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Water temperature, time of exposure and population density are key parameters in Enteromyxum leei fish‐to‐fish experimental transmission

AuthorsPicard-Sánchez, Amparo; Estensoro, Itziar ; Pozo, R. del; Palenzuela, Oswaldo ; Piazzon de Haro, María Carla ; Sitjà-Bobadilla, Ariadna
KeywordsHost-parasite interaction
Growth delay
Time of exposure
Issue DateApr-2020
PublisherJohn Wiley & Sons
CitationJournal of Fish Diseases 43(4): 491-502 (2020)
AbstractEnteromyxum leei is a myxozoan histozoic parasite that infects the intestine of several teleost fish species. In gilthead sea bream (Sparus aurata), it provokes a chronic disease, entailing anorexia, delayed growth, reduced marketability and mortality. Direct fish‐to‐fish transmission, relevant in aquaculture conditions, has been demonstrated for E. leei via effluent, cohabitation, and oral and anal routes. However, the minimum time of exposure for infection has not been established, nor the possible effect on the fish immune response. Two effluent trials were performed at different temperatures (high: average of 25.6°C; and low: constant at 18°C), different times of exposure to the effluent (1, 3, 5 and 7 weeks) and different population densities. The results showed that 1 week was enough to infect 100% of fish at high temperature and 58.3% at low temperature. High temperature not only increased the prevalence of infection in posterior intestine, but also induced a higher production of specific antibodies, limiting the progression of the infection along the intestine. Longer time of exposure to the parasite and higher fish densities facilitated E. leei infection. These results show that effective diagnosis, lowering animal density and removal of infected fish are key aspects to manage this disease in aquaculture facilities.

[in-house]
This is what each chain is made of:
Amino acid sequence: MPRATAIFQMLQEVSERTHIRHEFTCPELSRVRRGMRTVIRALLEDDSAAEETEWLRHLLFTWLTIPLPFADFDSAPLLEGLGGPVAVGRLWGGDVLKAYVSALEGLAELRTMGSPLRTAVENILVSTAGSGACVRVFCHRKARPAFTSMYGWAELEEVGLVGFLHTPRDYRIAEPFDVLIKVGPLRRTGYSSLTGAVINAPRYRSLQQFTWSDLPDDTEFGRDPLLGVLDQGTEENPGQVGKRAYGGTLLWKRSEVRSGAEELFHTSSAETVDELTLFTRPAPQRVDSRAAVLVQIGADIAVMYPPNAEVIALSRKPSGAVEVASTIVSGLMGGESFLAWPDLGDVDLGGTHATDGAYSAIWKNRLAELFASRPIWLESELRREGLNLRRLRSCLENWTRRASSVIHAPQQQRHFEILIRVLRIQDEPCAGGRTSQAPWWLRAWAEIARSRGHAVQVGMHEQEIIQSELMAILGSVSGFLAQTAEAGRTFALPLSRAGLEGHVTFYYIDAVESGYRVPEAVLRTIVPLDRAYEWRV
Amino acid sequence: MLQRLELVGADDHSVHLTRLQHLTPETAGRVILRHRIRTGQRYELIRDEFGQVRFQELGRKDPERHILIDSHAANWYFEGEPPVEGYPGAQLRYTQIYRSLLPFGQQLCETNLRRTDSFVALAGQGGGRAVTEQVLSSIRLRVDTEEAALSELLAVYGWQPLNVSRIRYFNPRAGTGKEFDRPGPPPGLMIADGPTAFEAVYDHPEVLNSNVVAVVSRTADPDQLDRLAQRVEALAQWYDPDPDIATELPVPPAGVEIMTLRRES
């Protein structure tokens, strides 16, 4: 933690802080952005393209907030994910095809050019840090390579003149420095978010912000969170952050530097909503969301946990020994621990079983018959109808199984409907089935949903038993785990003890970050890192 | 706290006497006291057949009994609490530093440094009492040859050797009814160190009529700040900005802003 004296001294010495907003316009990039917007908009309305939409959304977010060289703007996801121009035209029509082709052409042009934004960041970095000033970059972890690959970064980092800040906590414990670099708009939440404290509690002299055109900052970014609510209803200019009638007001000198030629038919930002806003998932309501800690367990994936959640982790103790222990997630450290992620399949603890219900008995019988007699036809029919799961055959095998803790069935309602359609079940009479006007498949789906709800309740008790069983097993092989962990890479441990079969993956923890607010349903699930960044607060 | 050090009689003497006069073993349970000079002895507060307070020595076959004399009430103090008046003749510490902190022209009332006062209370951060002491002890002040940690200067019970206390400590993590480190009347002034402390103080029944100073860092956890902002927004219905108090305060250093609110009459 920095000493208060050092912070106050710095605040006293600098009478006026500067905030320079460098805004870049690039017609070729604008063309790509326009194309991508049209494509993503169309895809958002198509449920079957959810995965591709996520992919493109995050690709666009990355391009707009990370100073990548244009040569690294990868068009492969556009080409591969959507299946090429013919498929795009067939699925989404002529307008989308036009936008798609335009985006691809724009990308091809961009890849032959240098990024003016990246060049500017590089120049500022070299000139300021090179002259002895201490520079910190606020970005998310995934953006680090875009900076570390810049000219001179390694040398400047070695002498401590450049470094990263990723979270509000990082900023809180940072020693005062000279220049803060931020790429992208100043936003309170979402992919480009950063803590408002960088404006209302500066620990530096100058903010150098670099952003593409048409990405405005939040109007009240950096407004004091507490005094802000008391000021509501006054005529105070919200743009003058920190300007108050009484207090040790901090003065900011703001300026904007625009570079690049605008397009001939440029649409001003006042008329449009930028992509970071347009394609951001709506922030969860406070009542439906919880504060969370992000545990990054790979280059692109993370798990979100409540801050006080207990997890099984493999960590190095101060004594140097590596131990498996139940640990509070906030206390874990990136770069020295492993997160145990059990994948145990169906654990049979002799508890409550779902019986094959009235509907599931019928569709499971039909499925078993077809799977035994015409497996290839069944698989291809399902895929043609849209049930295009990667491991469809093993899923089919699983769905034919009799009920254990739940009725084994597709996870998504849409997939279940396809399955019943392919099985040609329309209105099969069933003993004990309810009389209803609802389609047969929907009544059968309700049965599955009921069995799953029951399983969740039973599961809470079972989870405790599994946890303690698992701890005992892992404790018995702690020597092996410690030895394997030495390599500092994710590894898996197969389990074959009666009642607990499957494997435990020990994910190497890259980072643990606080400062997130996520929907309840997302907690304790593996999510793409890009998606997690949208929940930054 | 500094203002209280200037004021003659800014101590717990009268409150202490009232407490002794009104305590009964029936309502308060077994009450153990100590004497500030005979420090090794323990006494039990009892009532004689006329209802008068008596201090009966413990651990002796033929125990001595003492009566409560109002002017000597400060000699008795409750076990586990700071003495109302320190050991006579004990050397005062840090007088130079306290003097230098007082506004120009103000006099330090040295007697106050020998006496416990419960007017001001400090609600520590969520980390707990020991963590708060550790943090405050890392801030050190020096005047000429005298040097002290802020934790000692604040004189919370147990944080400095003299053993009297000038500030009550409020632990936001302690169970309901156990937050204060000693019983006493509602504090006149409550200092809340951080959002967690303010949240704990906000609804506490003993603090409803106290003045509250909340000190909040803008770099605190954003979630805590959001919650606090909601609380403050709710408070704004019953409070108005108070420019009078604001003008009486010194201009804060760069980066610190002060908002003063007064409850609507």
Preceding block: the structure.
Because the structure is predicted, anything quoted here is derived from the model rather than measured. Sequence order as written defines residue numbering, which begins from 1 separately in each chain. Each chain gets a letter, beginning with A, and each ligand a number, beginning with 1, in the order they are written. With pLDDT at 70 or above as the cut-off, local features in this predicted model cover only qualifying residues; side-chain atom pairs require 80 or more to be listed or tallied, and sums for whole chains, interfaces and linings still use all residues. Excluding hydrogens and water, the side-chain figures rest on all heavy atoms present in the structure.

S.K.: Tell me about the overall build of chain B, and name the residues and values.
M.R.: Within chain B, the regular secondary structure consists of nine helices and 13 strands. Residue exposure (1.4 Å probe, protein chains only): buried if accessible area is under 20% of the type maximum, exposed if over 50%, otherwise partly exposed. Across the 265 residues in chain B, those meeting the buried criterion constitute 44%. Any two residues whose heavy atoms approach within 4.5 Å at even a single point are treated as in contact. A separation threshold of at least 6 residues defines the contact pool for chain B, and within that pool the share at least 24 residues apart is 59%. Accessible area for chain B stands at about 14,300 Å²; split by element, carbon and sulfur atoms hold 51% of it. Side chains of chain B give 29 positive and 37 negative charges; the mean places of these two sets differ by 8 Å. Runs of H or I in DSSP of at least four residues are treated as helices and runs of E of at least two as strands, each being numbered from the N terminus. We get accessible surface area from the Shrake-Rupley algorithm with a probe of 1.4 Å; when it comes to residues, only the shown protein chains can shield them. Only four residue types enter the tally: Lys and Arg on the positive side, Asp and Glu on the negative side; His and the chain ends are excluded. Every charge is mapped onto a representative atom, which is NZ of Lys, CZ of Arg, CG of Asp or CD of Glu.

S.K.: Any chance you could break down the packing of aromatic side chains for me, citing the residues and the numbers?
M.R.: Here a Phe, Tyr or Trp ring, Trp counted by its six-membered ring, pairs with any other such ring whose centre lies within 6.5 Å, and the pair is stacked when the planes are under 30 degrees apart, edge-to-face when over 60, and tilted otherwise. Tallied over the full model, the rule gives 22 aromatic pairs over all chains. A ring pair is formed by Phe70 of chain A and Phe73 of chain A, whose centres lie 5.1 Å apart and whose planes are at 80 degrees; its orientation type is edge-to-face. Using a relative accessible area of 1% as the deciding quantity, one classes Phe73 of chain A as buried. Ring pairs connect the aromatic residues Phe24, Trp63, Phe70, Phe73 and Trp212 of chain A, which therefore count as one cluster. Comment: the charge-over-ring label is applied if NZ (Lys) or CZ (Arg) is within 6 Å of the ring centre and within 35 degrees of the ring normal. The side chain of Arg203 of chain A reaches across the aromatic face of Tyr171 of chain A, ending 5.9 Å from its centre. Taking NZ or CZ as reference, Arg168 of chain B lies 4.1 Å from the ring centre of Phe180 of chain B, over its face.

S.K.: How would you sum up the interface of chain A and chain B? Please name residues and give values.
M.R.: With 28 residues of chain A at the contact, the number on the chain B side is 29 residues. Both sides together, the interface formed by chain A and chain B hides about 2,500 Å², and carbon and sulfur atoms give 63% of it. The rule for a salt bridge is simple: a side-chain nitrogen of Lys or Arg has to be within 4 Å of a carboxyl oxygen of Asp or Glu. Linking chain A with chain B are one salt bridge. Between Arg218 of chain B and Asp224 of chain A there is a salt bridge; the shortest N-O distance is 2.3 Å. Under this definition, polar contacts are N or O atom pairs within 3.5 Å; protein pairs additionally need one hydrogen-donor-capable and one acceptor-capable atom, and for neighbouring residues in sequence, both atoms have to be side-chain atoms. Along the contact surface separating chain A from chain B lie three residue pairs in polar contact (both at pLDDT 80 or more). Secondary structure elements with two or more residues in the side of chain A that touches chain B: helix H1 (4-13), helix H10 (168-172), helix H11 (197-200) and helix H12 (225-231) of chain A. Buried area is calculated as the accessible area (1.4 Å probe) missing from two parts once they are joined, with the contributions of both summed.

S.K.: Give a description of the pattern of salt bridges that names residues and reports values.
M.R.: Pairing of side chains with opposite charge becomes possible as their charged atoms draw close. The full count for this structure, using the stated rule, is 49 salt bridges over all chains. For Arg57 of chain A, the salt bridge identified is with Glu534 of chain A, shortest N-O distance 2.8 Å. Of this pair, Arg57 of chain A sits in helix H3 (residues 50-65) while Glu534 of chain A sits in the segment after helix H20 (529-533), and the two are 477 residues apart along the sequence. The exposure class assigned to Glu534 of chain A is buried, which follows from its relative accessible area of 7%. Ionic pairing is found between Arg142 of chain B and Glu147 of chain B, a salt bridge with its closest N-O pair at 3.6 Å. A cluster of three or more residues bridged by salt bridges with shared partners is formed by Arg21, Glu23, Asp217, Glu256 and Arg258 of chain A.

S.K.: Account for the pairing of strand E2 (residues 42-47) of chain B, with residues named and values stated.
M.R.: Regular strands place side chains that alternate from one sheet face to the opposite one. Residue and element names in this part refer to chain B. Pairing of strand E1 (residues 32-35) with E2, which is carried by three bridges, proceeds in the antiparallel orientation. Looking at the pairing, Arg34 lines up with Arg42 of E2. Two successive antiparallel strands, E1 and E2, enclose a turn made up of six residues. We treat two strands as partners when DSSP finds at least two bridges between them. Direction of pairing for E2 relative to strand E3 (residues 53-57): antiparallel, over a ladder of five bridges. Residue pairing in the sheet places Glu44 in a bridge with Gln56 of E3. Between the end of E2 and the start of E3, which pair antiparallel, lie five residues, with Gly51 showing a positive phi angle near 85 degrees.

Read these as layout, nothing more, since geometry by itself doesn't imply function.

Publisher version (URL)https://doi.org/10.1111/jfd.13147
Appears in Collections:(IATS) Artículos
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